PANAMA CITY BEACH, Fla. (WJHG/WECP) -- Imagine getting a phone call telling you that the remains of your father, who died during the Japanese attack on Pearl Harbor, were identified.
It was quite a surprise for one man who wasn't actively searching for answers.
It's been 76 years since the day Robert Schoonover's father, John, was killed during the attack on Pearl Harbor. His family was given only minor details.
"Just that he was aboard the Oklahoma and it capsized when it was torpedoed that day," Schoonover explained.
Schoonover had traveled to Pearl Harbor before to visit the Punchbowl National Cemetery, where dozens of unidentified remains are buried together.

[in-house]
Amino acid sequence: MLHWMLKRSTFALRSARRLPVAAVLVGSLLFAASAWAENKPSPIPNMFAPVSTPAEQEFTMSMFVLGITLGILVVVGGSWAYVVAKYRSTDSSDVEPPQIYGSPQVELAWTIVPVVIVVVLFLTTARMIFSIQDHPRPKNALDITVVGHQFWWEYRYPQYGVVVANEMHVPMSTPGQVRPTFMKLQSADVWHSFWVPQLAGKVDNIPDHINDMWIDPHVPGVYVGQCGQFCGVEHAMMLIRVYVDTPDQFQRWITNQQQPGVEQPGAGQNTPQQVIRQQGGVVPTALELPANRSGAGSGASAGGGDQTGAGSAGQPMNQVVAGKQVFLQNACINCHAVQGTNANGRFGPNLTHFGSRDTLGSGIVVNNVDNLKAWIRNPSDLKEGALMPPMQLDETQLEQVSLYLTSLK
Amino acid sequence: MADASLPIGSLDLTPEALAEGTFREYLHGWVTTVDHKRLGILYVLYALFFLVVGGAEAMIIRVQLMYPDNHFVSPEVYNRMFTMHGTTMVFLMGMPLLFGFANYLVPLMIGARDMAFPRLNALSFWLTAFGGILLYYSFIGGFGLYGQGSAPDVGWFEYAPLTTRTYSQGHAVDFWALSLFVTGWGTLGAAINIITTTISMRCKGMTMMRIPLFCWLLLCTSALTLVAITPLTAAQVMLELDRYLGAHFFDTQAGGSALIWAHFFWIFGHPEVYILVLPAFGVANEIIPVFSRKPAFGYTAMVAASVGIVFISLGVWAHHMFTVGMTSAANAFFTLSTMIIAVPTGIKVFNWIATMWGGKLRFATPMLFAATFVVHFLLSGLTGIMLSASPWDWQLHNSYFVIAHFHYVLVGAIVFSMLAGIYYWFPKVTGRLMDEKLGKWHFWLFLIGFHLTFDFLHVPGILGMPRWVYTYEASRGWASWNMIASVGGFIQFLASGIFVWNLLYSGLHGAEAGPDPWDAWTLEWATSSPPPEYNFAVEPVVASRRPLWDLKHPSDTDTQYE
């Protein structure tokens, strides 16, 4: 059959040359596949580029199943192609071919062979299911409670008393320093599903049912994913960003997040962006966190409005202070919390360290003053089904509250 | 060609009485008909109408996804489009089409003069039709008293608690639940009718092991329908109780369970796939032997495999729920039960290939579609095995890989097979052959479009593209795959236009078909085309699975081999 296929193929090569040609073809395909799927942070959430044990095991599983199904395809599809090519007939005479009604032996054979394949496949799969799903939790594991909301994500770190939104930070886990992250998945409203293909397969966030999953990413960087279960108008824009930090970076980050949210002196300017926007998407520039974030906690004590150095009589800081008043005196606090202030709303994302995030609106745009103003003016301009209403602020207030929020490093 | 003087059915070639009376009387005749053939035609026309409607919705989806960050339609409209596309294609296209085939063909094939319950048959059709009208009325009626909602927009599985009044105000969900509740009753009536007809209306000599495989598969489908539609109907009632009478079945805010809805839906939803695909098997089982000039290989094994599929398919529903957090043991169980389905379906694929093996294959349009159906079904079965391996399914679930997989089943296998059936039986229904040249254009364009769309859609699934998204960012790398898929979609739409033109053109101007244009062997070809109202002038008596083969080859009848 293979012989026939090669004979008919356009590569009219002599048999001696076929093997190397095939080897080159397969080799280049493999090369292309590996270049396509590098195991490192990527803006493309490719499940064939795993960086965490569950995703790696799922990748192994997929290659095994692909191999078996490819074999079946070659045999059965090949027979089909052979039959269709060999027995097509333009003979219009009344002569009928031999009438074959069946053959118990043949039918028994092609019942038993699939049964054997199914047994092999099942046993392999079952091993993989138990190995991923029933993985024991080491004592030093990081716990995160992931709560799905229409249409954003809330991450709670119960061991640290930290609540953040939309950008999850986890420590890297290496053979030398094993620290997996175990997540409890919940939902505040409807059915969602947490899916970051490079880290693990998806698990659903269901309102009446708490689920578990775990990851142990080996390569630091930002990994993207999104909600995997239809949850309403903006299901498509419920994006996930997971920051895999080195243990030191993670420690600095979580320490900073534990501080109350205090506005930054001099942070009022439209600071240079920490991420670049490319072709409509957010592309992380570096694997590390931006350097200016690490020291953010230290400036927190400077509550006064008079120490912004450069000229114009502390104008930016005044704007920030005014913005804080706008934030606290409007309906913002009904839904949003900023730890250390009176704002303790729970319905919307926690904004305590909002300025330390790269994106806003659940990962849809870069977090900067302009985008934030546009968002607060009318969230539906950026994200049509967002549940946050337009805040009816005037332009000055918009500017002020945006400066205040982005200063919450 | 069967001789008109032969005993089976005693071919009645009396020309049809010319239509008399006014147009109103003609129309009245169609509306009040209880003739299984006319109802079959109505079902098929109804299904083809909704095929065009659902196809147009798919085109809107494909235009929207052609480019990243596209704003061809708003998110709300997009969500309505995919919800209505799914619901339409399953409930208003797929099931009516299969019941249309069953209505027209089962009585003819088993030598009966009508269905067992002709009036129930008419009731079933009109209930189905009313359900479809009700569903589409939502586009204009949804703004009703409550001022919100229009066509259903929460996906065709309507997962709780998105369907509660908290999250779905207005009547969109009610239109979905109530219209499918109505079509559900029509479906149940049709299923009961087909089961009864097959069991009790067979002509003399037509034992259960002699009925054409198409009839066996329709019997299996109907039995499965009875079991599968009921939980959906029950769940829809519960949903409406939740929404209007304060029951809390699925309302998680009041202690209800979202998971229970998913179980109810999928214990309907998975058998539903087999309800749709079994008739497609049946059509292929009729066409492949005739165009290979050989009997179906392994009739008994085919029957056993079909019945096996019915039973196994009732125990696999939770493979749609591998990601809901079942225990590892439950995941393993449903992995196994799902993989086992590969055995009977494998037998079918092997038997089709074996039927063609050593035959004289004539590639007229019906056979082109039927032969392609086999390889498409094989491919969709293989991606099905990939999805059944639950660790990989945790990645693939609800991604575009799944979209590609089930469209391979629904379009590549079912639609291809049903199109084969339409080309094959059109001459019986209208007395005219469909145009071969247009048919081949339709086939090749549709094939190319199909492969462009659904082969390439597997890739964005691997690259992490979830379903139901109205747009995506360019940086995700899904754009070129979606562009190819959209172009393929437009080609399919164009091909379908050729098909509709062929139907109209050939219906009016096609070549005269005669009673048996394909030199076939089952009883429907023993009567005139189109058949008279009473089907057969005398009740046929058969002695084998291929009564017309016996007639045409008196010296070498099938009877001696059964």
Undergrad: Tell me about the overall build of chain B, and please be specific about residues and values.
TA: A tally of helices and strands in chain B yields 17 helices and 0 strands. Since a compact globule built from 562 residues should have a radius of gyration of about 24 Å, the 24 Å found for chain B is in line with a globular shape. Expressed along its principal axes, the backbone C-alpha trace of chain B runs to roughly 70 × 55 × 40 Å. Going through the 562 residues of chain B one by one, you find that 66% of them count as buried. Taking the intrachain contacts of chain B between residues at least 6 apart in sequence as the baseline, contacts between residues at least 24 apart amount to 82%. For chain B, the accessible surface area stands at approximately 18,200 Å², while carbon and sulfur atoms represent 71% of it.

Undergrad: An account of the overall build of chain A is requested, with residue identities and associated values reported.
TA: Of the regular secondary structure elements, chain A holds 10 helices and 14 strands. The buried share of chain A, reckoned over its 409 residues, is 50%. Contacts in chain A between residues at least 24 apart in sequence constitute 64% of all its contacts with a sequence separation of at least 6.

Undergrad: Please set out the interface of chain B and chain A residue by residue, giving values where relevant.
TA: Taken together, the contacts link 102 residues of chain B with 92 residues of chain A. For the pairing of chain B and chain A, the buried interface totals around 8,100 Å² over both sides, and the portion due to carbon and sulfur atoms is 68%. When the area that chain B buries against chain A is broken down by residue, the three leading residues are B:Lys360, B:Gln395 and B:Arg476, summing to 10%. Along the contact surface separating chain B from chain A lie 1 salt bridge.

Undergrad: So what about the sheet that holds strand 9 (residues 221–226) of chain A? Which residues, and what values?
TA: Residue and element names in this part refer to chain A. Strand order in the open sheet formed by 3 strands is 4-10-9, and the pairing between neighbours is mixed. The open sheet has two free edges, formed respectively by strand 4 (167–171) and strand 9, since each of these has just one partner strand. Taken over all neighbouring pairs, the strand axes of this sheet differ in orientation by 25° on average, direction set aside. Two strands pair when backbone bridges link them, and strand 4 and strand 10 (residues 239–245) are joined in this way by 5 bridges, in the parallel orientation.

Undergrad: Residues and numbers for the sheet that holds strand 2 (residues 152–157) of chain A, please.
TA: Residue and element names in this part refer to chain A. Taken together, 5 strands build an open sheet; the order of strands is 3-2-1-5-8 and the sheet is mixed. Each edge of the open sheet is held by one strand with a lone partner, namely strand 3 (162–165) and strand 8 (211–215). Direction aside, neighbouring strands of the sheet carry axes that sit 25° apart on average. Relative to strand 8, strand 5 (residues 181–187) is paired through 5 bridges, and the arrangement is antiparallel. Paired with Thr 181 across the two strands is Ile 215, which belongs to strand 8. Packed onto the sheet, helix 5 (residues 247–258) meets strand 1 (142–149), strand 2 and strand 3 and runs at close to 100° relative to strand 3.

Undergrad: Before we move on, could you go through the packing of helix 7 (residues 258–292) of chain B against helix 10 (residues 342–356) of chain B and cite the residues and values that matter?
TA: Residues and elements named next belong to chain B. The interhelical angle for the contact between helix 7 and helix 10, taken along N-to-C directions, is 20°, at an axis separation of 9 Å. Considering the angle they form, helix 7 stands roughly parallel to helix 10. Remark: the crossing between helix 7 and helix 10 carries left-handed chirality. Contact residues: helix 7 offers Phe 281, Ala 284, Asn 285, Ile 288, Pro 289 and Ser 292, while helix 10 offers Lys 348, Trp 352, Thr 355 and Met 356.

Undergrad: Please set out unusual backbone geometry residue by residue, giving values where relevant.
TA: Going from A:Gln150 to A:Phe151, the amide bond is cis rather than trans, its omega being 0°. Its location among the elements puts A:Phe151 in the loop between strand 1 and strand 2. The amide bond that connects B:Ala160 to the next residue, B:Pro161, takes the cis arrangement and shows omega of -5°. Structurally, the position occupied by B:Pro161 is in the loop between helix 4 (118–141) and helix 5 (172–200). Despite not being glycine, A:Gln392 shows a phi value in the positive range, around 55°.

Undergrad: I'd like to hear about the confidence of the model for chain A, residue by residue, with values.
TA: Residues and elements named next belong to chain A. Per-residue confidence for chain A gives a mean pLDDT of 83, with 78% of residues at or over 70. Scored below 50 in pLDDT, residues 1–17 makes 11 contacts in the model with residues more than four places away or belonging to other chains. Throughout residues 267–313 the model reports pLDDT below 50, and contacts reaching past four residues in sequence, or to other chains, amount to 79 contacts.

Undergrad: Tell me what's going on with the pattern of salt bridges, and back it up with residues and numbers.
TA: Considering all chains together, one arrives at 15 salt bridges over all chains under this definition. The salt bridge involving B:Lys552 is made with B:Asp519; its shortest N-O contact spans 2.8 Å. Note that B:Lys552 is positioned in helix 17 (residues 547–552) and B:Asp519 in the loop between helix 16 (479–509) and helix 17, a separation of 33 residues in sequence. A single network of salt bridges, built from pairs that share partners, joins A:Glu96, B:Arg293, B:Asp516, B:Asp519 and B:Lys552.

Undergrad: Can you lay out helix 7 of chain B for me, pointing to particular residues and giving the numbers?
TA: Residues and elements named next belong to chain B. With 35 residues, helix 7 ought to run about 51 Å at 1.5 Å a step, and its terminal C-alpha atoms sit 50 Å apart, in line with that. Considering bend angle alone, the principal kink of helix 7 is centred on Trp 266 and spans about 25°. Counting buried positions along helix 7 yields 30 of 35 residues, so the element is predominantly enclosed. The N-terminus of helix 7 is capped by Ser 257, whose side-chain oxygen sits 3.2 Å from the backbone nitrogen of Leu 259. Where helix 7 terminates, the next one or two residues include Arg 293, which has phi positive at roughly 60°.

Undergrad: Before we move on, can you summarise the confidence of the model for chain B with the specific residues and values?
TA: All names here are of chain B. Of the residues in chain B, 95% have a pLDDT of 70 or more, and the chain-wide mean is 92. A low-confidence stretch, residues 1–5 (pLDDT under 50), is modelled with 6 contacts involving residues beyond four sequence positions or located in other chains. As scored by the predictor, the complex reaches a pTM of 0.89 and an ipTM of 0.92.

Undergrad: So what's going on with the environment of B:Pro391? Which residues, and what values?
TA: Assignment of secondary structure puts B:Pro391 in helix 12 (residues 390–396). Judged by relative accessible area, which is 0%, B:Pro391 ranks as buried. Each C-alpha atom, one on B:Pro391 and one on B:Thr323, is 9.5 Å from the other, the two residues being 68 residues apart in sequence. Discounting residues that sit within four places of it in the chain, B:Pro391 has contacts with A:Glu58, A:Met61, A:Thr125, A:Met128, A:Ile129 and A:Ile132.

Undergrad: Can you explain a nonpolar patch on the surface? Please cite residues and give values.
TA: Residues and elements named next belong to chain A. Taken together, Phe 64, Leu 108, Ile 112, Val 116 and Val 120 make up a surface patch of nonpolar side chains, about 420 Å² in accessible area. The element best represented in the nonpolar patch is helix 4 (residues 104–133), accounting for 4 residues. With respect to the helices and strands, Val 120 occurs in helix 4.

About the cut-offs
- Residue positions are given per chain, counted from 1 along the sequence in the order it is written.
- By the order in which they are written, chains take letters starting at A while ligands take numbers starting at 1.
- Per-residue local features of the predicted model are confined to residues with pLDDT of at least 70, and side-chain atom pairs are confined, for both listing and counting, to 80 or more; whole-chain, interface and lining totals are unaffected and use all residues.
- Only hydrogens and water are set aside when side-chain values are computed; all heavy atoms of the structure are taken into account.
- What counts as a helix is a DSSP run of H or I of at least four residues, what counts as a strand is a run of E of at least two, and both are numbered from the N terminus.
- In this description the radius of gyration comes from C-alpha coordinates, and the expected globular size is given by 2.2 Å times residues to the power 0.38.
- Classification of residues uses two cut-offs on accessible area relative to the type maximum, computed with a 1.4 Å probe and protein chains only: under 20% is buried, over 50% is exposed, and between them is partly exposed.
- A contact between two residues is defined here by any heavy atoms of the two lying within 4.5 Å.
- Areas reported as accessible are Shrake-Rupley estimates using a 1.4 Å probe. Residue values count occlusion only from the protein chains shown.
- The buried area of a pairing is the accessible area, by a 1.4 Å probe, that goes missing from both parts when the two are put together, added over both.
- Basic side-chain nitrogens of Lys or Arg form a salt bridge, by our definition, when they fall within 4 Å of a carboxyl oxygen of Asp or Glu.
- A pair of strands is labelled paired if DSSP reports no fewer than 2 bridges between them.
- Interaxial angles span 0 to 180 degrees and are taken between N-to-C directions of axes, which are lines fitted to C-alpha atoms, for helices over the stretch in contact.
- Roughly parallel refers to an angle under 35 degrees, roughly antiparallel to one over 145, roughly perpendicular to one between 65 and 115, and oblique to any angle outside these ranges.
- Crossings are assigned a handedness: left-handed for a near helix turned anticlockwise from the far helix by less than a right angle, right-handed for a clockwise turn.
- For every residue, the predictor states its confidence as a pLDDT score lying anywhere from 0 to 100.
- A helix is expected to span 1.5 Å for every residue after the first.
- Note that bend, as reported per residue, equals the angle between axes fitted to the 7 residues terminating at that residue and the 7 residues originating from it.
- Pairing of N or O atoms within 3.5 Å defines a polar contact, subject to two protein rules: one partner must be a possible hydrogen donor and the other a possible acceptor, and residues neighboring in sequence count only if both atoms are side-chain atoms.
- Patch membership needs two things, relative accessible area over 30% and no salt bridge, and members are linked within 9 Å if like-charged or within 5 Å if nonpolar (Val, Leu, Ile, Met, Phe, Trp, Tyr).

But it was a DNA sample submitted by his father's niece that led to a match, and then a phone call from the defense department's POW/MIA agency.
Schoonover said, "They just gave me a call on the telephone one day, and said, 'Hey, we found your father.'"
And then a visit, in person, to deliver the case file, which Schoonover says is meticulously detailed.
"The DNA bone samples were submitted for DNA testing at Dover Air Force Base. They found quite a few of them, probably have of his bones, close to half," said Schoonover.
Those remains will return to Punchbowl National Cemetery, this time in an individual plot with John Schoonover's marker.
"What I've told them I wanted to do was that I would like his remains buried with his shipmates over in the Punchbowl in Hawaii, right above Pearl Harbor," Schoonover said.
A final resting place for a sailor who gave the ultimate sacrifice.